“Behold, your King is coming to you, righteous and having salvation is he, humble and mounted on a donkey” (Zechariah 9:9—read Zechariah 9:9-12).
When Jesus rode a donkey into Jerusalem at the beginning of Holy Week, he was fulfilling the prophecy of Zechariah. Of course, God did not create a checklist through Moses and the prophets and then begin figuring out how to accomplish all that he had said. God created time. God exists outside of time. God experiences all times at a glance. When Moses and the prophets spoke the Word of the Lord, their messages were already accomplished in the sight of God. The Holy Spirit reported the plan of salvation to Moses and the prophets as if it had already been accomplished in time. Therefore, they wrote in the past and present tenses about events that were still centuries in the future.
The donkey is a humble creature, a beast of burden. Having a king ride a donkey in a parade is equivalent to seeing an important leader today riding a bicycle in a parade. The humility of Jesus is reflected in his choice of a donkey, yet Jesus also exercised the royal privilege of riding an animal that had never been ridden before.
The prophet calls the King righteous. Jesus is perfectly righteous. He lived a pure and sinless life, never once breaking any of God’s commands. He loved his Father fully and trusted his Father completely. He loved the people around him and helped them in their needs. Jesus never used his power as the Son of God for his own benefit. In righteousness, he used his divine power to help others: to heal the sick, to feed the hungry, to calm storms, to cast out demons, and even to raise the dead. We view perfect love as we read about all the miracles Jesus worked to help others, and as we realize that he refused to use any of that power to help himself.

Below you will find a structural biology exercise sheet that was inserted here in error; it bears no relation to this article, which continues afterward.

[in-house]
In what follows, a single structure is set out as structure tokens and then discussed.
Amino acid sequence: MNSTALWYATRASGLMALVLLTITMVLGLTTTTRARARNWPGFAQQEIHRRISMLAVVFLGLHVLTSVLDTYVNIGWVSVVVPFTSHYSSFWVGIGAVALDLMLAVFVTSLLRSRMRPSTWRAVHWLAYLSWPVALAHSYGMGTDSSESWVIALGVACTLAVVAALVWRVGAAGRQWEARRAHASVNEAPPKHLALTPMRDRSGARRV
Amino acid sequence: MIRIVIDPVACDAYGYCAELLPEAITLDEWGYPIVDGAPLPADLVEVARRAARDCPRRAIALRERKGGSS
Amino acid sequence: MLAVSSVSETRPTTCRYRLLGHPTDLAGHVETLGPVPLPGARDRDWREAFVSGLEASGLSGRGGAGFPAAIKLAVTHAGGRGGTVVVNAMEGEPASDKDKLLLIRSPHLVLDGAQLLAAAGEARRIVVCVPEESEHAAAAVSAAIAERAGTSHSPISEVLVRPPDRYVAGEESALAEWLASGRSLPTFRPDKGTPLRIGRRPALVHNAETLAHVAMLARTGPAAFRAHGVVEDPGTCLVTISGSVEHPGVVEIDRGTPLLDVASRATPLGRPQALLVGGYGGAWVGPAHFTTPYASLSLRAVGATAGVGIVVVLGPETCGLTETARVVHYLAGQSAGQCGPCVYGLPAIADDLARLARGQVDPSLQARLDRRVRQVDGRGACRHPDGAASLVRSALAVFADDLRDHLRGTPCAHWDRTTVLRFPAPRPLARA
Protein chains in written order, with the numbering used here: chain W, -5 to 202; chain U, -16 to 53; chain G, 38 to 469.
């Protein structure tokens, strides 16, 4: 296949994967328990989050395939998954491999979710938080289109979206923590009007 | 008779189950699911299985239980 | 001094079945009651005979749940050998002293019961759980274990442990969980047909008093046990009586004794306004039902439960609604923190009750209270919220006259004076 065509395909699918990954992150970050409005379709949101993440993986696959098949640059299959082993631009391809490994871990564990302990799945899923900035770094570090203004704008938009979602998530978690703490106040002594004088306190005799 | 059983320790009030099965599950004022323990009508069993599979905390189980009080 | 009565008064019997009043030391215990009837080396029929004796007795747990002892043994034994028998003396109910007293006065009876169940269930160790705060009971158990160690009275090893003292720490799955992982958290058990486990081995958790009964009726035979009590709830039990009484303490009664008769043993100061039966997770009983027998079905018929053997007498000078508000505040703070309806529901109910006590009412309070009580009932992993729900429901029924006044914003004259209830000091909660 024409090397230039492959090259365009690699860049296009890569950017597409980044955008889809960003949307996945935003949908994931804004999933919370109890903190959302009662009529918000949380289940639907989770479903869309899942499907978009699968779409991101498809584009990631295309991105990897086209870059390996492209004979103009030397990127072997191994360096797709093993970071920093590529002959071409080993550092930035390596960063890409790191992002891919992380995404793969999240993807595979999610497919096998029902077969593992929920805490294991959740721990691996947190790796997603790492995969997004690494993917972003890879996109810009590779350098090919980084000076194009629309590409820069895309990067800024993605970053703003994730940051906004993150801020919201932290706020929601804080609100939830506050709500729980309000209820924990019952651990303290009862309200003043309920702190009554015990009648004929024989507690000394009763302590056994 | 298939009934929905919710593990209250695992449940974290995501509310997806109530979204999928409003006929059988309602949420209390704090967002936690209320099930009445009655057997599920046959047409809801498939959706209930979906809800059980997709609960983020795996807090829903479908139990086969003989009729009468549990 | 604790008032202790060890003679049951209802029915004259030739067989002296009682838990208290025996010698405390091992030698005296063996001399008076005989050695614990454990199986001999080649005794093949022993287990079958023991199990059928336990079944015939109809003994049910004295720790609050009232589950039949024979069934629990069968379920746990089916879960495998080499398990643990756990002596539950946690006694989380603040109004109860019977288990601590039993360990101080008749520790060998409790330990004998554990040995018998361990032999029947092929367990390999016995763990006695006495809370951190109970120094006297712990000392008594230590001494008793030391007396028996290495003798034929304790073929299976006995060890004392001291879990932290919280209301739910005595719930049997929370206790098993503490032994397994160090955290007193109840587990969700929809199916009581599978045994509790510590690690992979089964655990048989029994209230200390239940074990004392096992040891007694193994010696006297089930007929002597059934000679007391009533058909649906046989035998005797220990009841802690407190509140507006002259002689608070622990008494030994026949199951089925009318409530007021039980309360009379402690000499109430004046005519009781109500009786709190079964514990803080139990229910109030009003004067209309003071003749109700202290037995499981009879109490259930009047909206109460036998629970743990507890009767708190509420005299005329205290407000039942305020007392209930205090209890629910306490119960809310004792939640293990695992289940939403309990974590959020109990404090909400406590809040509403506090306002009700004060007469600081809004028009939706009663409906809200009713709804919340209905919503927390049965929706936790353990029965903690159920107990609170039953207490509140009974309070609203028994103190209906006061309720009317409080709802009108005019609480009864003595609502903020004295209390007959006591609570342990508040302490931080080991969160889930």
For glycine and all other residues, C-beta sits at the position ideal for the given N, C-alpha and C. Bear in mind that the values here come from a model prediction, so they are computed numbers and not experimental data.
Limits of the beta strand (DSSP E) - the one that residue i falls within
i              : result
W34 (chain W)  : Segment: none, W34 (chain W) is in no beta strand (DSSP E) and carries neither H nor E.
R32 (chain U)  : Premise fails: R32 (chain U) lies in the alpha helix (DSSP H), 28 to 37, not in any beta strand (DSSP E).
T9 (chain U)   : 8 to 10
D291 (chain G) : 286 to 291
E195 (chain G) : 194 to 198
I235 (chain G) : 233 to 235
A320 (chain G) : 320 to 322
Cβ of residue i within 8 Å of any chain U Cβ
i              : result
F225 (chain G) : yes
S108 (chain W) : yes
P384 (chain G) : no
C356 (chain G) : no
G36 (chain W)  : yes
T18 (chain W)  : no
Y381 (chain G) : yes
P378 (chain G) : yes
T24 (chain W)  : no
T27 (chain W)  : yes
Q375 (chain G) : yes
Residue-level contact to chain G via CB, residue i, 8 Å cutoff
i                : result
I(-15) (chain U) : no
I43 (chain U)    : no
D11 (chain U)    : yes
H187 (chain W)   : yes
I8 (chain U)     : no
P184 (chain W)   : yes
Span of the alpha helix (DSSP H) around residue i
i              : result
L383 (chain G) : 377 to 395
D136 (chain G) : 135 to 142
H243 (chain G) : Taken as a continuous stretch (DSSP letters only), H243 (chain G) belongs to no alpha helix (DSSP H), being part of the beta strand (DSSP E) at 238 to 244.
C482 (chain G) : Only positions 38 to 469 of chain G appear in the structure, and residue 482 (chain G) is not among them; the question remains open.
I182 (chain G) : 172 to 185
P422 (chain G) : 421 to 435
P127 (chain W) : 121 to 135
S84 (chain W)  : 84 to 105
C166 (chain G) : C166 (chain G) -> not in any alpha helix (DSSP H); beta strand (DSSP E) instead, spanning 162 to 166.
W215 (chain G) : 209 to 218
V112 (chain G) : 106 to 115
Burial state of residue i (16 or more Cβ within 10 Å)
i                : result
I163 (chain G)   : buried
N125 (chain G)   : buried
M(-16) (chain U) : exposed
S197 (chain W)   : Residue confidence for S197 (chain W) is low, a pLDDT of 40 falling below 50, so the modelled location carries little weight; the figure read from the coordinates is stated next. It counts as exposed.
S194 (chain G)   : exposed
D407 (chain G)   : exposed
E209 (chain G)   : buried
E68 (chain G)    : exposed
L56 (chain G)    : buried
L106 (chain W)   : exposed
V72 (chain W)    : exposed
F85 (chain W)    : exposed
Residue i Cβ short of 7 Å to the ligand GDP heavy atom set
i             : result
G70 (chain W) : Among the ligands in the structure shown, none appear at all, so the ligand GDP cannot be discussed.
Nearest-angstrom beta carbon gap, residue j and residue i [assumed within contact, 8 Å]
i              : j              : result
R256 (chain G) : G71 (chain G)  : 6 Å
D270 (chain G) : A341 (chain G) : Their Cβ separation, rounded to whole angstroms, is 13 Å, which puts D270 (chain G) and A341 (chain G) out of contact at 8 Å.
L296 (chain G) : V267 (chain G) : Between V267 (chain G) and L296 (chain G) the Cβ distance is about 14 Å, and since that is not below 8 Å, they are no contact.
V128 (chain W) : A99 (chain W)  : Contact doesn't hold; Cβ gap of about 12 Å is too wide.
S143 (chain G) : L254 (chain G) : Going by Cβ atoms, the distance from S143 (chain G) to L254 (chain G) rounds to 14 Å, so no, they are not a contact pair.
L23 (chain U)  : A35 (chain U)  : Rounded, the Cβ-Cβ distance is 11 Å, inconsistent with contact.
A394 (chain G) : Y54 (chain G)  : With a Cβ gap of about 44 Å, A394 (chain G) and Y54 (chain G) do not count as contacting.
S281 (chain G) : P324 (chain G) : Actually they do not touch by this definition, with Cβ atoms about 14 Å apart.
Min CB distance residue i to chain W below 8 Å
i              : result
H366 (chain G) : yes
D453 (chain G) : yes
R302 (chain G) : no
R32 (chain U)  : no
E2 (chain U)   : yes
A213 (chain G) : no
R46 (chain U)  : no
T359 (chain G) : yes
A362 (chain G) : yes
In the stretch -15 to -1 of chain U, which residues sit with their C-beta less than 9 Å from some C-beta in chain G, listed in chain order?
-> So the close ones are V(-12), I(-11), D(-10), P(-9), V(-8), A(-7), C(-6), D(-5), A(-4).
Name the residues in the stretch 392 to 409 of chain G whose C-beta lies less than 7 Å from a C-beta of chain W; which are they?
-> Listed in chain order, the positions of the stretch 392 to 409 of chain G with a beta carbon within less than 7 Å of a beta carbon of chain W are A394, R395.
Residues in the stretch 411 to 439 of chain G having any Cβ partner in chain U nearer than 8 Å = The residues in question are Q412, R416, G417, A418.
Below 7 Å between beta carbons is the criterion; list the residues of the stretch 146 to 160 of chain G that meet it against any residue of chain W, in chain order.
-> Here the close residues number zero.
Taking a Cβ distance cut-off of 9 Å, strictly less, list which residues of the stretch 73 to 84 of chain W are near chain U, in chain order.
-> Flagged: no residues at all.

Jesus also has salvation. He rescues people in trouble. His healings and other miracles were part of his rescue mission, but they only paved the way for his greatest act of service. Jesus could fix anything that goes wrong with the body: eyes, ears, legs, and even minds. But his goal was to strike at the root of the problem—to overcome evil at his source. Therefore, Jesus took on the guilt for the sins of the world and carried them to the cross. He paid in full the penalty for all the sins of history. In the process, he defeated sin and evil, and in the end, he defeated death itself.
The full results of that victory will be experienced when Jesus is seen on the Day of the Lord. All the dead will be raised on that Day, and all will stand before his throne of Judgment. Every eye will see him, and every ear will hear his voice. No one will be blind or deaf. On that Day, the King will welcome into his kingdom all those who trust his promises. Those who looked elsewhere for salvation will be left standing in the darkness, outside the celebration of his kingdom.
“Return to your stronghold, O prisoners of hope; today I declare that I will restore to you double.” The price Jesus paid to redeem us is more than sufficient. We will not always be prisoners of sin and evil and death. Because of the price Jesus paid, we will celebrate his victory with him in his kingdom forever. Thanks be to God! J.